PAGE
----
Farmers agitation likely to end as Centre 'accepts' most demands

The SKM, an umbrella body of around 40 farmers' bodies, will hold another meeting Wednesday before formally announcing its decision

Farmers celebrate at the Singhu border in Delhi. Credit: AFP Photo

The year-long agitation of farmers against the three contentious farm laws, which were withdrawn last week, is likely to end soon with the government having met “nearly all demands” raised by the Samyukta Kisan Morcha (SKM).

However, some points of divergence still remain, mainly on the issue of the timing of the withdrawal of cases against protesters and the constitution of the panel on MSP.

While the government offered to withdraw cases after the agitation is called off, SKM, an umbrella body of over 40 farmers' unions, is insisting on the quashing of FIRs as a pre-requisite for withdrawing the agitation.

The agitation could be called off as early as Wednesday but a final decision on it would be taken on Wednesday afternoon after another round of meeting by the protesting unions, who seem to have reached a consensus on their final course of the agitation, which has kept the political pot boiling in the country since November 26 last year.

The decision has been taken after the Centre gave the proposal in writing to the farm leaders on Tuesday regarding withdrawing the cases lodged against farmers in the course of the year-long protest and setting up a committee for a law on MSP.

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“SKM confirms to have received a written draft proposal from the Home Ministry of Government of India — SKM will seek further clarifications on a few points from the government’s proposal and will re-convene tomorrow for further discussion,” it said in a statement after discussing the proposal “constructively.”

“We have replied to the letter of the government. The government is saying that it will withdraw cases once the farmers withdraw the agitation. They are asking farmers to go back on this promise. But who will trust them like this? We will discuss it in a meeting over this,” SKM leader Rakesh Tikait said.

The protesting unions are also opposed to the inclusion of “pro-farm bill” leaders in the panel on MSP and in their reply to the government, demanded that only members from SKM should be included in the MSP panel. The government has proposed that the committee will include farmers from outside the SKM as well, besides scientists and representatives from the Central and the state governments.

SKM had earlier nominated five members, Balbir Singh Rajewal, Ashok Dhawle, Shiv Kumar Kakka, Gurnam Singh Chaduni and Yudhvir Singh, for the panel on December 4.

Home Minister Amit Shah is reported to have asked a leader of the SKM on the setting up of the MSP panel after which some forward movement began.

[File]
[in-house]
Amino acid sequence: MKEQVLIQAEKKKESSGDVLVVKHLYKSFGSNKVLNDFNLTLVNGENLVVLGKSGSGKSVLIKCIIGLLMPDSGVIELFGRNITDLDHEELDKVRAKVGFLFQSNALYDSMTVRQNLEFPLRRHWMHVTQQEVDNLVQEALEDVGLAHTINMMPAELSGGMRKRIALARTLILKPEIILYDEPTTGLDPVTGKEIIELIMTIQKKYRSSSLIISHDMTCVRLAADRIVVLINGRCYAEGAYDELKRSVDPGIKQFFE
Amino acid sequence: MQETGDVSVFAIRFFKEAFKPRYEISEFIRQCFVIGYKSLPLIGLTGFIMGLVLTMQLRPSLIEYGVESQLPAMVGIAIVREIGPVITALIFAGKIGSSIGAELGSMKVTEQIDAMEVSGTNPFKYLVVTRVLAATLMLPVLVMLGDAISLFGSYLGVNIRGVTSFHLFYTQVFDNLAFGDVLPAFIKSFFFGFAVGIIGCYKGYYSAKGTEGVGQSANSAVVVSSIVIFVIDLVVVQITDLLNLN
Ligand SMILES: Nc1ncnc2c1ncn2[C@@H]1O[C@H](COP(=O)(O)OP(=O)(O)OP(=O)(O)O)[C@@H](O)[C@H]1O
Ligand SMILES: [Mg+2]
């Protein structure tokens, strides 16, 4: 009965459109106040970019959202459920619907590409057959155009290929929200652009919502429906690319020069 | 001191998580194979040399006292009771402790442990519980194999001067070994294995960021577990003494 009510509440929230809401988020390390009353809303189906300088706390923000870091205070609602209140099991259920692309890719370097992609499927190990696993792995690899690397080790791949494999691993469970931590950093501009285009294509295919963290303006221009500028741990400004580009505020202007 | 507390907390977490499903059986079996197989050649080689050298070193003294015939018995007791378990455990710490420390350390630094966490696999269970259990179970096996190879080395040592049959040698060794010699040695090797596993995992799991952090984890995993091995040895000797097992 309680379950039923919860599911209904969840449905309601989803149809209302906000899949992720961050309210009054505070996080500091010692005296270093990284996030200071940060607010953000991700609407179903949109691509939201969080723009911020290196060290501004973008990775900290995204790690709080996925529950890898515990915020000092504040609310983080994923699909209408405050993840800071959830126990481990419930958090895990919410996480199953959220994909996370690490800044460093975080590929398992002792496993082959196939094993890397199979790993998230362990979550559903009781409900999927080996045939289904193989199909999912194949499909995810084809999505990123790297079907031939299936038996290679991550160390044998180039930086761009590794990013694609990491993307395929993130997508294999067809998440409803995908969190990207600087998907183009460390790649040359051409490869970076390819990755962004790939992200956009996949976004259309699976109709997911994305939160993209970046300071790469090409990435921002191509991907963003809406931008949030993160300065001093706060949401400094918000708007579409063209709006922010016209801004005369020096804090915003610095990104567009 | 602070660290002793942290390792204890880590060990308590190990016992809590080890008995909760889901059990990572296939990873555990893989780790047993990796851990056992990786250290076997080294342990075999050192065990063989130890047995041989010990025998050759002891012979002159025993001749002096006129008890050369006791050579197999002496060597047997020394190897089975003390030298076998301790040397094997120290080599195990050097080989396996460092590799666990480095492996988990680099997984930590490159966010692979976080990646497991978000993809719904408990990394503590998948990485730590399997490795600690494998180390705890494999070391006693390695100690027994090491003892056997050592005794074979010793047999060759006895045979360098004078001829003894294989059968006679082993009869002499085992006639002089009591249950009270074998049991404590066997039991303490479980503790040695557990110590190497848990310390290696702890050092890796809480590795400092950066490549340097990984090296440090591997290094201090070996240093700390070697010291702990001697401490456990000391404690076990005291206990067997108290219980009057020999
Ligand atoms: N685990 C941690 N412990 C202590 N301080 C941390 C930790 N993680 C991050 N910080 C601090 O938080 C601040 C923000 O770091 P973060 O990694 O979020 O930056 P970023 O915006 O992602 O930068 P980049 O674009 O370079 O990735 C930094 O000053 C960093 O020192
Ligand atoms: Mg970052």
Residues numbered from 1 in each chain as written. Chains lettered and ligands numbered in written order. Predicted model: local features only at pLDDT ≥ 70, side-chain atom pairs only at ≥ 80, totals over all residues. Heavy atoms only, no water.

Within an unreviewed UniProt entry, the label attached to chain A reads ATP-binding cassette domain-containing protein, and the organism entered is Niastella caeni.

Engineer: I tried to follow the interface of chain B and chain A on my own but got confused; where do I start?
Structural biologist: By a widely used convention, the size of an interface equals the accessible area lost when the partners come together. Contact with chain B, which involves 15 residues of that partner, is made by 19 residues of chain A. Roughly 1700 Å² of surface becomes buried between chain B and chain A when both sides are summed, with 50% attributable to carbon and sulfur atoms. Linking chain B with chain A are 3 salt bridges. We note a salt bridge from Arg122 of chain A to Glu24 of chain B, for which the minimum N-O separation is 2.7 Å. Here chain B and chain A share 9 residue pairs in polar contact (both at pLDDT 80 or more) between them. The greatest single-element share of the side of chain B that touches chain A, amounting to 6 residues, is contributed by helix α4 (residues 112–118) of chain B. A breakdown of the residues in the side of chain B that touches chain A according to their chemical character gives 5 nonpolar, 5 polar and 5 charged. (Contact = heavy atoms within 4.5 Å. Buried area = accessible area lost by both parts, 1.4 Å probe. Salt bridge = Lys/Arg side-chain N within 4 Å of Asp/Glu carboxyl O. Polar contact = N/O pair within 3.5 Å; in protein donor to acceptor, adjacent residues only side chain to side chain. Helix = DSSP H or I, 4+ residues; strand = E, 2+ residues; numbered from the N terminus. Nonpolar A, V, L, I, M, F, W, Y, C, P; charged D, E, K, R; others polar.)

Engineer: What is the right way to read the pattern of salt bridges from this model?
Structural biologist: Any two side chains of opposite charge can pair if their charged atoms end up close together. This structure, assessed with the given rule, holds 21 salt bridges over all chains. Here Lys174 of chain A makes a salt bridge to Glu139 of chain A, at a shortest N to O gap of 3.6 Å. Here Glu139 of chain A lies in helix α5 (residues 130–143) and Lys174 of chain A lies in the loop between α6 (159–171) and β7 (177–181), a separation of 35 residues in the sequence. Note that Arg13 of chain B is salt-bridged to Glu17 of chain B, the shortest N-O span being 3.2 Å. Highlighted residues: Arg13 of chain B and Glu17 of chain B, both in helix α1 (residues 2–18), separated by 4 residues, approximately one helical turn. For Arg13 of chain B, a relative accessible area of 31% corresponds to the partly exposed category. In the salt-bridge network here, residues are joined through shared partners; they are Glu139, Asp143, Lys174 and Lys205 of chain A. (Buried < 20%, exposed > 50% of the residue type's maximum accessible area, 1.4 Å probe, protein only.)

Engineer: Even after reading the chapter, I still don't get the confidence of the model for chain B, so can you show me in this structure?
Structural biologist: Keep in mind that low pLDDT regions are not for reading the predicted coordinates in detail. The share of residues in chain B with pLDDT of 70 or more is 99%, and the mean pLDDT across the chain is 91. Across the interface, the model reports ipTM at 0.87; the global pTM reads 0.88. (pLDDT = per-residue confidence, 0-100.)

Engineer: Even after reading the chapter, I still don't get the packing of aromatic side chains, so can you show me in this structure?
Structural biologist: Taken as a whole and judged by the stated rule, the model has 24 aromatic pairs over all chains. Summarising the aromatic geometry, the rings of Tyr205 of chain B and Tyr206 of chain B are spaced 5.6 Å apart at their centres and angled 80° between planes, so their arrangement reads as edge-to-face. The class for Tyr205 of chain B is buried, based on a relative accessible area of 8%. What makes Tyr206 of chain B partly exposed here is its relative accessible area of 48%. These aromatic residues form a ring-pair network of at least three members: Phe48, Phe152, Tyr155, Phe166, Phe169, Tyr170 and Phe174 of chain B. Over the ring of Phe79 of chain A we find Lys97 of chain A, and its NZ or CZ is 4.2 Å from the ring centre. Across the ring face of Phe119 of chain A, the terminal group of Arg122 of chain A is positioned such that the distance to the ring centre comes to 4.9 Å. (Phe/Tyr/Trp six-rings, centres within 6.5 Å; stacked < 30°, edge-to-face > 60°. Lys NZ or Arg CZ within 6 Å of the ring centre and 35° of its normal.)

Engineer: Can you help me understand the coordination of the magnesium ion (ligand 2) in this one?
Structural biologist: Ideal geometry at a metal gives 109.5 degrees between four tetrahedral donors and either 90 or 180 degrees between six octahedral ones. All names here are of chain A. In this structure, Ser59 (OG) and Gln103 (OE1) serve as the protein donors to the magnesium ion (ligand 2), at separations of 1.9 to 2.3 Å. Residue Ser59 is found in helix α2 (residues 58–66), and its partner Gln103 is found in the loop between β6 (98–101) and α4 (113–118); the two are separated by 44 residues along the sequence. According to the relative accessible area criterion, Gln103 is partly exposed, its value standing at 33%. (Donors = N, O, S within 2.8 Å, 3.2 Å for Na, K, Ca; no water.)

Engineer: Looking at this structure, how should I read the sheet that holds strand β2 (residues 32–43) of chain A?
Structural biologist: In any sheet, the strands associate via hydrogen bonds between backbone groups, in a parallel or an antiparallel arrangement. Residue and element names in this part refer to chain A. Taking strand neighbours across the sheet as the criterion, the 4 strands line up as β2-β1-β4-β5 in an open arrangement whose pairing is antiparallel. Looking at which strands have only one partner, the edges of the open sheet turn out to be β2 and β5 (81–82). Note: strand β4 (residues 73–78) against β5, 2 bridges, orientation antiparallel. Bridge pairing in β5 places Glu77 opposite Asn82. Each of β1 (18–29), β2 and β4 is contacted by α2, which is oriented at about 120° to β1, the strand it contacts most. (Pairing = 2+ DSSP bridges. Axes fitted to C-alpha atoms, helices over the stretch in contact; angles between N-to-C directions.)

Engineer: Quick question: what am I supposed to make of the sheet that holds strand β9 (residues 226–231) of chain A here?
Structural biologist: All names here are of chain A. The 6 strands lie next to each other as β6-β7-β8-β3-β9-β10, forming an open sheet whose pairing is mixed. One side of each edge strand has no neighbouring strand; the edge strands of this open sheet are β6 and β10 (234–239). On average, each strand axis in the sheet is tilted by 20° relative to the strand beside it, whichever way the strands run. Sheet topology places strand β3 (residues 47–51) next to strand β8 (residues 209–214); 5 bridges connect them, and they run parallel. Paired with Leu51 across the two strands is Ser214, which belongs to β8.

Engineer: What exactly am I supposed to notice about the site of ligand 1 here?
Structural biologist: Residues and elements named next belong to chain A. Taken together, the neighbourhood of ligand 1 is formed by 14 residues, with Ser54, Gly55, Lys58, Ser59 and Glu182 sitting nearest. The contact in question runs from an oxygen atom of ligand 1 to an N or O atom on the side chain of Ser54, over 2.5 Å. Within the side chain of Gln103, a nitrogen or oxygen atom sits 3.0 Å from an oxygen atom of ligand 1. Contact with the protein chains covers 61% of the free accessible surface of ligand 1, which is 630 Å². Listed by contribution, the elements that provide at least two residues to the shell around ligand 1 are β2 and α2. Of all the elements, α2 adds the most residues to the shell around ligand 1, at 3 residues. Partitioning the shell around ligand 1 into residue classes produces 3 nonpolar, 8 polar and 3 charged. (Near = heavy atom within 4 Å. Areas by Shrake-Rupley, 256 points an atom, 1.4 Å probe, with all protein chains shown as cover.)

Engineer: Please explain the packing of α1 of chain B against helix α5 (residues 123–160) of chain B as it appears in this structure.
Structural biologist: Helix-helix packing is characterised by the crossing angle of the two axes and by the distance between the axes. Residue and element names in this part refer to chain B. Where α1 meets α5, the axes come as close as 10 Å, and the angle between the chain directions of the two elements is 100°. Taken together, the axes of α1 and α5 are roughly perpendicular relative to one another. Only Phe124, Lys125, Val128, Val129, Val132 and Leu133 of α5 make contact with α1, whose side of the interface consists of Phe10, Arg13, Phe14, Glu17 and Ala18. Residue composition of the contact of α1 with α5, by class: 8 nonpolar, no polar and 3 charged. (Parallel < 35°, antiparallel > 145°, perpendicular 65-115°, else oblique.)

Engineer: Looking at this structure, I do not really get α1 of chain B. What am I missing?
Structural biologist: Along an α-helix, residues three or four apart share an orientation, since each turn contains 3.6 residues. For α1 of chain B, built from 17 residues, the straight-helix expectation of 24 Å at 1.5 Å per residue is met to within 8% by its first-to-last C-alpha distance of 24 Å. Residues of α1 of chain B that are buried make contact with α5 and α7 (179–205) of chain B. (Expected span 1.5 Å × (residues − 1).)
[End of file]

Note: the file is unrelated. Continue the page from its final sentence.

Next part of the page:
SKM leader Balbir Singh Rajewal categorically said that the farmers' unions will not accept the government’s condition that cases against farmers will be withdrawn after the agitation is called off.

Another farmer leader Kulwant Singh Sandhu claimed “nearly all demands raised by us have been met” referring to the government’s letter regarding assurances on farmers' demands.

While he claimed that a “consensus” has been reached, the farmer union leaders from Haryana appeared adamant about the withdrawal for FIRs first.

Also Read — Rahul Gandhi demands compensation for families of dead farmers

The Central government, in its proposal to SKM, said, “The governments of UP and Haryana (both BJP-ruled)  have given full consent that cases lodged during the agitation against farmers will be withdrawn soon after the agitation is ended. The departments related to Government of India (Railways) and the Union Territory (Chandigarh) have also agreed to withdraw the cases after the agitation is ended. Even for compensation, UP and Haryana governments have given their in-principle consent. Even the government of Punjab has made public announcements on these two subjects.”

Referring to all the five demands of SKM, including objections to electricity bill and removing criminal liability clause from the electricity bill, the Central government said, “In this way, all five demands have been appropriately addressed. Now there is no justification for continuing the farmer agitation.”

Three days after the first anniversary of the farmer agitation on November 26, the government, on the first day of the Winter Session of Parliament on November 29, repealed the three contentious laws, namely Farmers (Empowerment and Protection) Agreement on Price Assurance and Farm Services Act, 2020, Farmers' Produce Trade and Commerce (Promotion and Facilitation) Act, 2020 and the Essential Commodities (Amendment) Act, 2020.

The withdrawal was done 10 days after Modi, on November 19, in a televised address to the nation, announced that the government will repeal the laws as it could not convince a section of farmers about the benefits of the new farm laws.

The move, coming just months before elections in agrarian states of Punjab and UP, two epicentres of protests, along with Haryana, was criticised by the Opposition as a delayed decision taken due to electoral considerations.


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